I find it difficult to imagine the facade of the ‘banking’ system lasting in a age where people realise they can find out all manner of truth if they have the patience and the will….as of yet most haven’t even bothered to learn the concepts, or perhaps ‘language’ to convey these ideas. Why? well this is why this a endless post, of which was meant to be short. lol.

  5. All the comments are interesting and each provides a valid aspect of the whole picture. Personally I’m closest to Anna’s optimism. These are just plain very hard times. Interestingly the biggest positive changes in history have taken place in times of (relative) prosperity but the movements that created them were born in the harder times. The factors that produced the events of last year were never going to go away in a year. In fact in general it’s worse but that was also to be expected. The “powers that be” are hardly going to undergo a change on the road to Damascus (how appropriate) and say “hey guys, you were right, we’ll sell the Rolls and do it your way”.
    The biggest threat is that people become on the one hand disillusioned and cop out or drop out – or turn to violence. Echoes of the 60’s? Sure but really echoes of any uncompleted change at any time in history.
    Small victories are important and should be celebrated. What has gone wrong needs to be understood and learned from.
    Keep the faith.

  6. I mostly feel the same way but I still think we need to keep at it. The real issue is the sheer gargantuan heft of the shit they’re in. State and police repression ratcheting up is invariably a sign of insecurity and there are signs everywhere of how insecure the ruling elite are feeling right now. They’re all clueless. Their old tricks that they all thought were gospel no longer work. Their economic policy is just a more brutal, divisive version of the same old shit but they don’t even bother to dress it up as some nice, shiny land of freedom and “aspiration.”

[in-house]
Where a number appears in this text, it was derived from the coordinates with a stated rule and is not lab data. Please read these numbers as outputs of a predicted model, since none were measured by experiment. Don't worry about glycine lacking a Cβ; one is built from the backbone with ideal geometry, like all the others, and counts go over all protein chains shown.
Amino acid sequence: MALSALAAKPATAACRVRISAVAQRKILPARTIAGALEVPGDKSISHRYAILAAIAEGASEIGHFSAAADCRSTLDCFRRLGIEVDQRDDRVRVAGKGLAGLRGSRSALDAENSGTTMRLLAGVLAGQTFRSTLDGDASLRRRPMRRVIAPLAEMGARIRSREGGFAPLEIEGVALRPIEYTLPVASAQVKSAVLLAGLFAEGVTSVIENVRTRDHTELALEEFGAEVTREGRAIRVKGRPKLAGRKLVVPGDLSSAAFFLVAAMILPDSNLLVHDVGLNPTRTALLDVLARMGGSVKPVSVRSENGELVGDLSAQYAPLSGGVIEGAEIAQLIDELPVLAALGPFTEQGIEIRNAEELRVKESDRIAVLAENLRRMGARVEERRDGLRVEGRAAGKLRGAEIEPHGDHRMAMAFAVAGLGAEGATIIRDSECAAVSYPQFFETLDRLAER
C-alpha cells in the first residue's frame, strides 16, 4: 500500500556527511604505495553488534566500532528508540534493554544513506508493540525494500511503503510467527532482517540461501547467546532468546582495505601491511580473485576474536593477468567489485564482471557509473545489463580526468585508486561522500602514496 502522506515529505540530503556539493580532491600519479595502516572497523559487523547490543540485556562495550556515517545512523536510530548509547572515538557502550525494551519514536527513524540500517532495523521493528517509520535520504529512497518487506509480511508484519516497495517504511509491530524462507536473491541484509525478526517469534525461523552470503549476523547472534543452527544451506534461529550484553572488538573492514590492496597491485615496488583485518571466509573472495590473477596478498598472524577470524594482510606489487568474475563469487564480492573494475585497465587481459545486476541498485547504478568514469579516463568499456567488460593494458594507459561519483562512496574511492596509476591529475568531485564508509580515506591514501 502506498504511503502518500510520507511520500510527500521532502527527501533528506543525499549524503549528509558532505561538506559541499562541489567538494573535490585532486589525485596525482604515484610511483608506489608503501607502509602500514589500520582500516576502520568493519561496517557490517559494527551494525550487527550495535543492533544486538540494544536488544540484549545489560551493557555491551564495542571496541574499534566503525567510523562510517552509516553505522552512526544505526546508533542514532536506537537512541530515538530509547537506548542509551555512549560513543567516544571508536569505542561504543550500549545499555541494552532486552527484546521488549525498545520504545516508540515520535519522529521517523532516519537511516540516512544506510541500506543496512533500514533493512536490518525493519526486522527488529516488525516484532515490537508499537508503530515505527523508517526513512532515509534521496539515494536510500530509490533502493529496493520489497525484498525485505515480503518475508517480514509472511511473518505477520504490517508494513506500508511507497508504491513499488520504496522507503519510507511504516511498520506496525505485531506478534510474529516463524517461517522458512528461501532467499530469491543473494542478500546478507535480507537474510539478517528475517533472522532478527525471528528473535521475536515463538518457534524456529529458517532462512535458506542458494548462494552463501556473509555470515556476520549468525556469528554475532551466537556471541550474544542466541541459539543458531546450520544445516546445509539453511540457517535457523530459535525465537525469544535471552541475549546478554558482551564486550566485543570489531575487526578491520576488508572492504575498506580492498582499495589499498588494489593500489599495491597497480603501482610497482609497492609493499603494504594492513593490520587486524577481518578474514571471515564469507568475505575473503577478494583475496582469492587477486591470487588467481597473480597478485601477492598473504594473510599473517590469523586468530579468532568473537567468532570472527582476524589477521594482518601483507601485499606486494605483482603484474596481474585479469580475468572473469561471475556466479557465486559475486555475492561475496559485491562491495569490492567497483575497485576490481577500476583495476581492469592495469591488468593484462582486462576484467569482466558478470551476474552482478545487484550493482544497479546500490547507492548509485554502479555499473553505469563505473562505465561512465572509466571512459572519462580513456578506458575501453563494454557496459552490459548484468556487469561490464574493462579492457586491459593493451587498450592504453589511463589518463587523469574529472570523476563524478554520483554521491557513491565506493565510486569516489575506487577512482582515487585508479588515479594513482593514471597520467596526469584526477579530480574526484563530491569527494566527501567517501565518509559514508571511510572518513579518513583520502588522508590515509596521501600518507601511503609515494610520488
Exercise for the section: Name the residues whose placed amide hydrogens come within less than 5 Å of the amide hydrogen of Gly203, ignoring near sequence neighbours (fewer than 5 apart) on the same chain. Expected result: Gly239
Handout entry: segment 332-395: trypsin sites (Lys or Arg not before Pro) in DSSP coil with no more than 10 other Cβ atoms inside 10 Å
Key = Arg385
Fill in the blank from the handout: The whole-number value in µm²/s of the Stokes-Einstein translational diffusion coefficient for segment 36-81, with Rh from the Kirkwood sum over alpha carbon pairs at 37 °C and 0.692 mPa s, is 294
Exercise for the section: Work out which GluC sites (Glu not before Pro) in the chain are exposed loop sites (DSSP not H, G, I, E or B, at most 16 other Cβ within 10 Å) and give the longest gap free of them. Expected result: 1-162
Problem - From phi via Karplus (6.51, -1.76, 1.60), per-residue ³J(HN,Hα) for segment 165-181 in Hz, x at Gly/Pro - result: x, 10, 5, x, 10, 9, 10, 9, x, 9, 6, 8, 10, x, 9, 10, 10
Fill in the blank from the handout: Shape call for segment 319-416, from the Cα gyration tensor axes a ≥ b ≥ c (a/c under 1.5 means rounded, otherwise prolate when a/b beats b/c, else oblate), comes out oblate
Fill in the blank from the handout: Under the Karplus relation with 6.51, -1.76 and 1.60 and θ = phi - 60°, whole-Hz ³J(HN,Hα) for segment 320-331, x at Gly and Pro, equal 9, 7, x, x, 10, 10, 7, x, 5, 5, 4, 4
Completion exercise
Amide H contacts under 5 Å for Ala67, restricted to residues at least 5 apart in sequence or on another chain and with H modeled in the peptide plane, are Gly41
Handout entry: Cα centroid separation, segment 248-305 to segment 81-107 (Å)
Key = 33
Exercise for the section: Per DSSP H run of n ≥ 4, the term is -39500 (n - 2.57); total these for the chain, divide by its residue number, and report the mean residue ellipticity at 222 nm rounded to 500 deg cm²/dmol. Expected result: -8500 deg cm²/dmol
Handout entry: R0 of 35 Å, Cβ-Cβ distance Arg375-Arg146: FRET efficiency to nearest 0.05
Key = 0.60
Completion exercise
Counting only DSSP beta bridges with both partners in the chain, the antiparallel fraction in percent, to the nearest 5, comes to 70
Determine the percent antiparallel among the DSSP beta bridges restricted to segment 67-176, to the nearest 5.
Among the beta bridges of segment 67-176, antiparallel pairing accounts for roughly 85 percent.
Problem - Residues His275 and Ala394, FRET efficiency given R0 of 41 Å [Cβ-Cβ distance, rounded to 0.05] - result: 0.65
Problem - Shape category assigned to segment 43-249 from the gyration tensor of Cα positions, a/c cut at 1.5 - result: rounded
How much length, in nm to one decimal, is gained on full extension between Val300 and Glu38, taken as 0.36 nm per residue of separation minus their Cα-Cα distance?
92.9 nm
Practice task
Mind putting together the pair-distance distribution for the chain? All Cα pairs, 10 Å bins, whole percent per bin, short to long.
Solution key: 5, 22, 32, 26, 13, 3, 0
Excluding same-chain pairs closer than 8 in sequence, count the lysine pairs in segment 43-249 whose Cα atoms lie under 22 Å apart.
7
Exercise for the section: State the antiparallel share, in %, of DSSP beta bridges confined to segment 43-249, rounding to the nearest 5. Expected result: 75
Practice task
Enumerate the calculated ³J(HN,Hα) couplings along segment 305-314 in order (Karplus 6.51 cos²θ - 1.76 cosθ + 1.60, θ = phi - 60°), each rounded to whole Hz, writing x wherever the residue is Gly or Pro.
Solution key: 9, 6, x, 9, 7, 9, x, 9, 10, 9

The pace at which they’re ripping the country apart is numbing and terrifying but I’ve met so many people who’ve been radicalised by this crisis, who’ve been woken up. There aren’t enough people who’ve woken up yet but it’s the job of everyone who’s wide awake to shake all the other bastards and tell them to stop looking sideways at the mythical scroungers and shirkers and start looking up at the faceless tax avoiders, lobbyists, bankers, politicians, accountants and bureaucrats who all perpetuate this life and planet-destroying system.

    I think you’re too harsh on the Occupy movement. As someone who’s part of it I can verify that it can be frustrating, and it’s not perfect but it is vast and global, it has mobilised huge numbers in the US (unthinkable before Wisconsin) and the similar, earlier 15M movement in Spain. There have been Greek and Turkish Cypriot people occupying together in the UN buffer zone along their divided island, there are still camps on every continent, all with slightly different motivations and ideas. In terms of the branding, of course it’s been appropriated. It’s the nature of capital to capitalise and of the corporate media machine to condense things into inanities but that doesn’t mean that’s the reality inside the movement or the people within it. My mum is American and my grandma says she hasn’t seen anything like Occupy Wall Street since the 1930s. To even have the balls to attempt a general strike in NYC is pretty incredible.

    Occupy London hasn’t caught on anywhere near as much, and we’ve had our problems but there are still plenty of good, radical people trying to make an impact in May because there’s no point in not trying especially when we are in what should be a transformative moment. Growth-based systems have no future and neoliberal capitalism specifically has failed utterly, their policy tools no longer work but we’re in Gramsci’s “interregnum” of “morbid symptoms” between the dying old and the unknowable new. And there’s always a huge fucking fight to shape the new and the only way to fight a zombie system that still controls everything is surely through recruiting a critical mass of people, fomenting widespread civil disobedience and strikes to make their system topple under the weight of its own contradictions. What else are we supposed to do?